Oscar-winning British film The Constant Gardener probably would not have been made in the UK under new funding rules, its producer has said.
The Constant Gardener, starring Rachel Weisz, was set in Kenya
A revamped film tax system, unveiled in Chancellor Gordon Brown's Budget, will come into force on 1 April.
Producer Simon Channing-Williams said there was "a very strong chance" The Constant Gardener would not be made if it was being financed now.
But the government said the changes would be better for the film industry.
THE 2006 BUDGET AND FILM TAX
20% tax credit to films with budgets under £20m
16% tax credit to films with large budgets
Films must spend at least 25% of their budgets in the UK to qualify for tax relief
The 25% above is down from the proposed 40%
But some producers fear it may mean British movies that need to be filmed abroad will no longer be able to raise enough money.
Much of the Constant Gardener - which won the Oscar for best supporting actress for its star Rachel Weisz - was filmed in Kenya, Germany and Canada.
Mr Channing-Williams, who also produces Mike Leigh's films, said he believed money spent in those locations would not qualify under the new rules.
Andrea Calderwood, managing director of production company Slate Films and vice chair of film at producers' trade body Pact said she was "concerned" about the effect of EU regulations.
Tax credit 'welcomed'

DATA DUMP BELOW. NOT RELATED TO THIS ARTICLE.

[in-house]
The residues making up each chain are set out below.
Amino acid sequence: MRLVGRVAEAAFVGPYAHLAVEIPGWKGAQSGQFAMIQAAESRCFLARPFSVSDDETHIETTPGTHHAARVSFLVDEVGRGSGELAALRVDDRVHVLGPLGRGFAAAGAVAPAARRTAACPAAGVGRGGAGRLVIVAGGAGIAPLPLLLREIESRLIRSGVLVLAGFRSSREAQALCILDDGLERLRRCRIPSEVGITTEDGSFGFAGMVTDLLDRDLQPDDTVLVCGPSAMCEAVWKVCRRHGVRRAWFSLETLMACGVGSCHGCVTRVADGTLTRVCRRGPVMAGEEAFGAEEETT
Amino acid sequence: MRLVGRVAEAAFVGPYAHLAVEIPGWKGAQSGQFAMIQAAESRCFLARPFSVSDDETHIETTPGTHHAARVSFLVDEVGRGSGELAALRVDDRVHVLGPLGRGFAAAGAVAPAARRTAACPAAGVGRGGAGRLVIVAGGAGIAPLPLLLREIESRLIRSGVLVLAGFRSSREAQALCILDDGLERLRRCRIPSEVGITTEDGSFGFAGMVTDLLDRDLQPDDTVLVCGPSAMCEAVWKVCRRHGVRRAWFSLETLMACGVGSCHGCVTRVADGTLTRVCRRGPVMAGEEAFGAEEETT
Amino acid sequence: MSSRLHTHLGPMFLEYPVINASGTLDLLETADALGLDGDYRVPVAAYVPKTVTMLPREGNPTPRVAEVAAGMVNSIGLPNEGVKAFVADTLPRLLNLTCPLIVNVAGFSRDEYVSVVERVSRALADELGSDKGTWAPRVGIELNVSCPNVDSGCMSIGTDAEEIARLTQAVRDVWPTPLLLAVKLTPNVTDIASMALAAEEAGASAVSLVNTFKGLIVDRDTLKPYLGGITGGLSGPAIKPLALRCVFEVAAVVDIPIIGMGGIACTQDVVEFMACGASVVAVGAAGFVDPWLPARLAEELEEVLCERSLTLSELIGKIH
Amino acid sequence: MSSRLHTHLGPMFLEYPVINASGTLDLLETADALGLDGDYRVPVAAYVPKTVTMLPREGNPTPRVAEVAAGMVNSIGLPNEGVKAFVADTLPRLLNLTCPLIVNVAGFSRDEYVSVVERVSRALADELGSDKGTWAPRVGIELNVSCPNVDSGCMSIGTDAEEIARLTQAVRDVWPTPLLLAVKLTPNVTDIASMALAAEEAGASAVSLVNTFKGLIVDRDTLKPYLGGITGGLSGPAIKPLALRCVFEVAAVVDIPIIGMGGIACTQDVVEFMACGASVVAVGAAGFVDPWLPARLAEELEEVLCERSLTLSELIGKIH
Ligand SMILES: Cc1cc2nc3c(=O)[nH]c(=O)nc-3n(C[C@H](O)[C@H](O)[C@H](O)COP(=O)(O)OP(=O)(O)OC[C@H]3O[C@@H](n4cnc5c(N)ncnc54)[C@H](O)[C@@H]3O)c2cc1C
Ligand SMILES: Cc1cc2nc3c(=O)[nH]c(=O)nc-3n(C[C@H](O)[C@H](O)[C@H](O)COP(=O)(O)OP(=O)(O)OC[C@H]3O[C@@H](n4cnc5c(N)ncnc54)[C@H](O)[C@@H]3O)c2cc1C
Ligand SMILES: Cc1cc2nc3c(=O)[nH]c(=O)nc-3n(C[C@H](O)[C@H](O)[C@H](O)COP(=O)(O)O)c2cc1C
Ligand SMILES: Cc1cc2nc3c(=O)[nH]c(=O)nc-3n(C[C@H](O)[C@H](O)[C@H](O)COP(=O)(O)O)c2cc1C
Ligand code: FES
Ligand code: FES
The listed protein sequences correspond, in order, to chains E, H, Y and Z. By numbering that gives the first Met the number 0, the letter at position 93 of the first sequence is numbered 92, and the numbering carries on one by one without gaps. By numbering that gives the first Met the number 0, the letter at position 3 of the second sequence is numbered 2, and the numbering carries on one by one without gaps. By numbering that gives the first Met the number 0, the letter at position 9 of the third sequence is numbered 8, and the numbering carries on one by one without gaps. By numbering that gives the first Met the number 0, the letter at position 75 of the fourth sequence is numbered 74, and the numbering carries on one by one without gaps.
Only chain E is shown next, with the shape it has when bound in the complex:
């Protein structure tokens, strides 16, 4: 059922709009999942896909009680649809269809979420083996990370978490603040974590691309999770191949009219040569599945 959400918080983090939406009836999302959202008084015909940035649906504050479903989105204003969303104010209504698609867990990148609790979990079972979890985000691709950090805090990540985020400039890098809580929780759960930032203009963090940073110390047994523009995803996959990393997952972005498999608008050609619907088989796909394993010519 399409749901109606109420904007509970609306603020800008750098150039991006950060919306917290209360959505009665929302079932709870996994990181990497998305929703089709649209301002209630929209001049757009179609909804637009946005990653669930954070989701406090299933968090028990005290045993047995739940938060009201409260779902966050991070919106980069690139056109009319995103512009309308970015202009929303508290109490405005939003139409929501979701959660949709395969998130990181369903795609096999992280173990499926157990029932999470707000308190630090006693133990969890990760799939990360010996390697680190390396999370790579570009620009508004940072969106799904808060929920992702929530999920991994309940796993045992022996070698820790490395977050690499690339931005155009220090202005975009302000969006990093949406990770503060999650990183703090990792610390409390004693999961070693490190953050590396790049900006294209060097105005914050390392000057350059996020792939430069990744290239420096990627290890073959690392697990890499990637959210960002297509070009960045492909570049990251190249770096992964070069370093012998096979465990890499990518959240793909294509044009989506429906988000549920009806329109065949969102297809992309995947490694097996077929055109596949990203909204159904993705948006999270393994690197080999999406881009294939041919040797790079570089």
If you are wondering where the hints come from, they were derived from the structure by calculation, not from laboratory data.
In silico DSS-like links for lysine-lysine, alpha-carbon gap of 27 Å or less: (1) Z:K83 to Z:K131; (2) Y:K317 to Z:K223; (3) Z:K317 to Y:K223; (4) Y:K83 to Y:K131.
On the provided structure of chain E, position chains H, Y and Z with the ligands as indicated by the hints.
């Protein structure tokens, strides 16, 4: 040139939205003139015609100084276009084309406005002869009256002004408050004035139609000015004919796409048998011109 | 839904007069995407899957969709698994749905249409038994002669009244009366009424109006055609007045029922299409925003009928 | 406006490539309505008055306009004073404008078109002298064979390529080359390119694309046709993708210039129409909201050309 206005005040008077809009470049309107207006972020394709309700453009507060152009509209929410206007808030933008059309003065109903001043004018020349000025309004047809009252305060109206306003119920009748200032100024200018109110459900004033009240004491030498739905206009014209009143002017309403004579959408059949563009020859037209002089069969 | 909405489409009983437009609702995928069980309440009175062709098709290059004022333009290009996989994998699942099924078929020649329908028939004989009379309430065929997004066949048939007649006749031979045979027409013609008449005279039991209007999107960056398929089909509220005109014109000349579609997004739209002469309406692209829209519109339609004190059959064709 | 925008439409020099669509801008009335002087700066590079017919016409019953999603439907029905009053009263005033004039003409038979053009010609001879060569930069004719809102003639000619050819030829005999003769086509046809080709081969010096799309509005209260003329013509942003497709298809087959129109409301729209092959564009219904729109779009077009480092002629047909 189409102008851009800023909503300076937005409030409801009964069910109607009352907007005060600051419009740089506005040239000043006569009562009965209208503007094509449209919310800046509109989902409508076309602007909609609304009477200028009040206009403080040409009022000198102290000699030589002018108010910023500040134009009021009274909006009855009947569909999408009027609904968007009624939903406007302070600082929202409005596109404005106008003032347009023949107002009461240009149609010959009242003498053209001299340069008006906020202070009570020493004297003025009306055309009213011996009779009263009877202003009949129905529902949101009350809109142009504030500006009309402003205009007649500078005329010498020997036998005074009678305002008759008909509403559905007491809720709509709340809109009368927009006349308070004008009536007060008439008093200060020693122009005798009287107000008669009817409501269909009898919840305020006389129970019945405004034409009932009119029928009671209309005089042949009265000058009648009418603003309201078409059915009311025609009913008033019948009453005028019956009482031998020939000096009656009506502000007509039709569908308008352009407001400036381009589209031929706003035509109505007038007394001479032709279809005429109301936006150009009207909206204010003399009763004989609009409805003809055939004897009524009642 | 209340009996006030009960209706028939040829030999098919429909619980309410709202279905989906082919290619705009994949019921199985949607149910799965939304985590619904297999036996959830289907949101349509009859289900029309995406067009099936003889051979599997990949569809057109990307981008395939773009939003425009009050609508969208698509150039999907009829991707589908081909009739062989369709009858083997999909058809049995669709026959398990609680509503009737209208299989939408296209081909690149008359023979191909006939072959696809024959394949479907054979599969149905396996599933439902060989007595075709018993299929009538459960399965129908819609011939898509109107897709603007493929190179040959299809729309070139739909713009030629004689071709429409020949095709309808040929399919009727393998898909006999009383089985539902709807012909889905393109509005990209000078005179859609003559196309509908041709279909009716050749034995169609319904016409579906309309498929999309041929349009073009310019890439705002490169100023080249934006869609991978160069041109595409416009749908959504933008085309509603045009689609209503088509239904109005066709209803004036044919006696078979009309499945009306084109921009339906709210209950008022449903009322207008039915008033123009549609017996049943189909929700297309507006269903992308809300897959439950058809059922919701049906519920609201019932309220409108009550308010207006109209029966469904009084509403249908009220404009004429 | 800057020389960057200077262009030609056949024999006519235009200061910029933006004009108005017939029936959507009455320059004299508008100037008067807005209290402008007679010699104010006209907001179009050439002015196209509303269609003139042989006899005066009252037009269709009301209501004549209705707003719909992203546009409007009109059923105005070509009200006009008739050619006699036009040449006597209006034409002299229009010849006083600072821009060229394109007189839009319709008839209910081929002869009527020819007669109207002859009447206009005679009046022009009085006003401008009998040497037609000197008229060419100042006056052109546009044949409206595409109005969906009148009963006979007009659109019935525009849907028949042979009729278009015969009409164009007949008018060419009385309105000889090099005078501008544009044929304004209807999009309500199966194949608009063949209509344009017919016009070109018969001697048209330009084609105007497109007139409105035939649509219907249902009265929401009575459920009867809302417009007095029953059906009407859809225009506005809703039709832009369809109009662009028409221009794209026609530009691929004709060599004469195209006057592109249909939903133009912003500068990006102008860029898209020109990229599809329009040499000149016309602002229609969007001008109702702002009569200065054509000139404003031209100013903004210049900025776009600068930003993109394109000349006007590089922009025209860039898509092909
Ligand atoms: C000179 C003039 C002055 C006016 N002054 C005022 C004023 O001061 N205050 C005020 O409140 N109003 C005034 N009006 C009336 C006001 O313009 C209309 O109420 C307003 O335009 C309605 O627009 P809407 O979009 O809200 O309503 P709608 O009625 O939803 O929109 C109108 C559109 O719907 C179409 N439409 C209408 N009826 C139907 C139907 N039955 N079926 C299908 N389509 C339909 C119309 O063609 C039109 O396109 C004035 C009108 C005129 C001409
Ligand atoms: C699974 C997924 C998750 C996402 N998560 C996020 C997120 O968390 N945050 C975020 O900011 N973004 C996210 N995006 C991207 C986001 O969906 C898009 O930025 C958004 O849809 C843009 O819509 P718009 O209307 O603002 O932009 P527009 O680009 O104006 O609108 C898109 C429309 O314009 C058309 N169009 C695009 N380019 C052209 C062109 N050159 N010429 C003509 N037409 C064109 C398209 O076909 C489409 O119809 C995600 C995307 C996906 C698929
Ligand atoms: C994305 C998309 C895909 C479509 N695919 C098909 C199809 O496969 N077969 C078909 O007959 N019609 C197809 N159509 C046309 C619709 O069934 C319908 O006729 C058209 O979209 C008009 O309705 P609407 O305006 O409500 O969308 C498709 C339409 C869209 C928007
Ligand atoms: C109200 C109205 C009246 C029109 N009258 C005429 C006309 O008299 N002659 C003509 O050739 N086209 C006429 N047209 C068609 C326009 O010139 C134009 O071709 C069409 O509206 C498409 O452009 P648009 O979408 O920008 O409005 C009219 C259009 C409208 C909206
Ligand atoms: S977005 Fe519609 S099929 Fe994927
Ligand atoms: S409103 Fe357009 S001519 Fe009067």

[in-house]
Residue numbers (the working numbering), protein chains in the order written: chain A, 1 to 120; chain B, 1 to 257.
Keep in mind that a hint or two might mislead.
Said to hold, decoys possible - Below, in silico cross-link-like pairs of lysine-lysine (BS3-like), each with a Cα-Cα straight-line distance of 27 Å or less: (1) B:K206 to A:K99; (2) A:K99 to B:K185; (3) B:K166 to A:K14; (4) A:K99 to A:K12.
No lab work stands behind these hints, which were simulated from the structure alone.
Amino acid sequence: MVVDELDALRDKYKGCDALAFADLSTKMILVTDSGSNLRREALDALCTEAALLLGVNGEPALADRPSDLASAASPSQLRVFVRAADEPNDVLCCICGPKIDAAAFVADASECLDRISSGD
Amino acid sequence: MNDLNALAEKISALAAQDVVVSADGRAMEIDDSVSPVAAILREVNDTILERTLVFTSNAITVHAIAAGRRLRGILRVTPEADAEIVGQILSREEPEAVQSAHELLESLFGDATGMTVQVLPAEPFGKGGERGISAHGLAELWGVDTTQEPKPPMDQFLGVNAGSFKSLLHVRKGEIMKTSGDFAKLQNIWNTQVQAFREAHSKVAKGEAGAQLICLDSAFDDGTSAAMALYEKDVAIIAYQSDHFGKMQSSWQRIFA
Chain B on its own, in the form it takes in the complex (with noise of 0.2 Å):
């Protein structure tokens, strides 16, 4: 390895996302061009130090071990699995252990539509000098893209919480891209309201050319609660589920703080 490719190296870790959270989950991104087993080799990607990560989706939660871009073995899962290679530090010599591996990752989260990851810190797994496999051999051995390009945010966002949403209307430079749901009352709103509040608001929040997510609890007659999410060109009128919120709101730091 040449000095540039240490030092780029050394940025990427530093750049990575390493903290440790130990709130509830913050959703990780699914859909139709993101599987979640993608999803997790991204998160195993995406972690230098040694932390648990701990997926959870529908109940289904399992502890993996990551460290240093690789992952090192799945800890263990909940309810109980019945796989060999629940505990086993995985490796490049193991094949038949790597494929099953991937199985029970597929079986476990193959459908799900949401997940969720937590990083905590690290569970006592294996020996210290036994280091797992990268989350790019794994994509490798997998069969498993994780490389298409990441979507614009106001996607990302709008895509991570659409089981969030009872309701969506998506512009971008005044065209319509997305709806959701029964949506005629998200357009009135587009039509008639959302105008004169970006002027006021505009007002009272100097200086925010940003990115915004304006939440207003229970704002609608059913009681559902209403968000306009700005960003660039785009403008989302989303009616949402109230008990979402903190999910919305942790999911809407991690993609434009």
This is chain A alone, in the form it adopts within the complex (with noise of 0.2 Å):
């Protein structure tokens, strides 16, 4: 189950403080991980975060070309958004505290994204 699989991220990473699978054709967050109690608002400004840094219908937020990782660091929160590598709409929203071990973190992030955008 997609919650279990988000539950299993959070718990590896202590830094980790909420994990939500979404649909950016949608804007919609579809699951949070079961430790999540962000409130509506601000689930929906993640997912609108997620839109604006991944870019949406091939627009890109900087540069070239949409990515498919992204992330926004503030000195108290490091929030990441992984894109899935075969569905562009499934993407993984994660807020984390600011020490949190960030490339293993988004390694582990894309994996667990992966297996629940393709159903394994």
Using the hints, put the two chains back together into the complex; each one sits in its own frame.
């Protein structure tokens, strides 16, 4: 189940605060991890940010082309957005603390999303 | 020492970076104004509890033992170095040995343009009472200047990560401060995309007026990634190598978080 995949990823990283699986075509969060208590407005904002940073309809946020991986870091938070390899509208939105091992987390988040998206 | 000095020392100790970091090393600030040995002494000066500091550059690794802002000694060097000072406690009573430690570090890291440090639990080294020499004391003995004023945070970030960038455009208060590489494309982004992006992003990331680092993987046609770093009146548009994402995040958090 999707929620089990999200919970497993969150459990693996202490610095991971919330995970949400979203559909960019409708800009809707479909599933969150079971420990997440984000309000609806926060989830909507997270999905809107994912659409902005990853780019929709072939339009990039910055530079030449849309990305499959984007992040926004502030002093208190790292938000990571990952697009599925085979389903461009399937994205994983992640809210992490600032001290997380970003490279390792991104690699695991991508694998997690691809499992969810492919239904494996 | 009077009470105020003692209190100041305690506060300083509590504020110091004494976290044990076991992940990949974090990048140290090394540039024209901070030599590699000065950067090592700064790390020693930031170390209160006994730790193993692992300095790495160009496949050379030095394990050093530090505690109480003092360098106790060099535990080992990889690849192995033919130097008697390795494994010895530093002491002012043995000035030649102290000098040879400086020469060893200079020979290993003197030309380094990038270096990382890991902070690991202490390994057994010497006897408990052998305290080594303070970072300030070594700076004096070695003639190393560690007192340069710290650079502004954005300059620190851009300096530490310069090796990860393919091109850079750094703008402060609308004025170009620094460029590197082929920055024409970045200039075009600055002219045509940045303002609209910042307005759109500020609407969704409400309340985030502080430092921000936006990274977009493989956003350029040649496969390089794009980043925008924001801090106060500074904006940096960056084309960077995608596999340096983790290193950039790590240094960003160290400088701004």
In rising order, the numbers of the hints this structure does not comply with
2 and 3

They "may seriously endanger the prospects for British and European productions, while giving maximum tax advantages to US studio productions", she said.
"We are sure this is not the effect that either the UK government or the EU intend and we hope to work constructively and urgently with them to address this anomaly."
But Pact welcomed the chancellor's move to give 20% tax credit to films with budgets under £20m and 16% for more expensive blockbusters.
"The new tax credit should provide a real benefit to producers, which clearly reflects the government's commitment to the sustainable production of British films," Ms Calderwood said.
Films will now be required to spend at least 25% of their budgets in the UK to qualify for tax relief - down from the proposed 40%.
That will mean more films are eligible for the subsidy, according to the UK Film Council - giving Hollywood a bigger incentive to make movies in Britain.
UK Film Council chief executive John Woodward said: "Today's announcement by the chancellor is good news for the British film industry and makes the UK an attractive place to make films.
"It provides the certainty the industry needs to operate and will help the UK consolidate its position as the most important film industry in the world after the US."
A spokesman for the Treasury said: "We think the new reliefs are a well-targeted replacement for the old system of reliefs.
"They continue to deliver very generous levels of support but are now targeted directly at film-makers, therefore providing better value for money for UK taxpayers and at the same time guaranteeing the sustainable production of culturally British films."
The system of film tax relief was changed because the government said investors were abusing the old regime.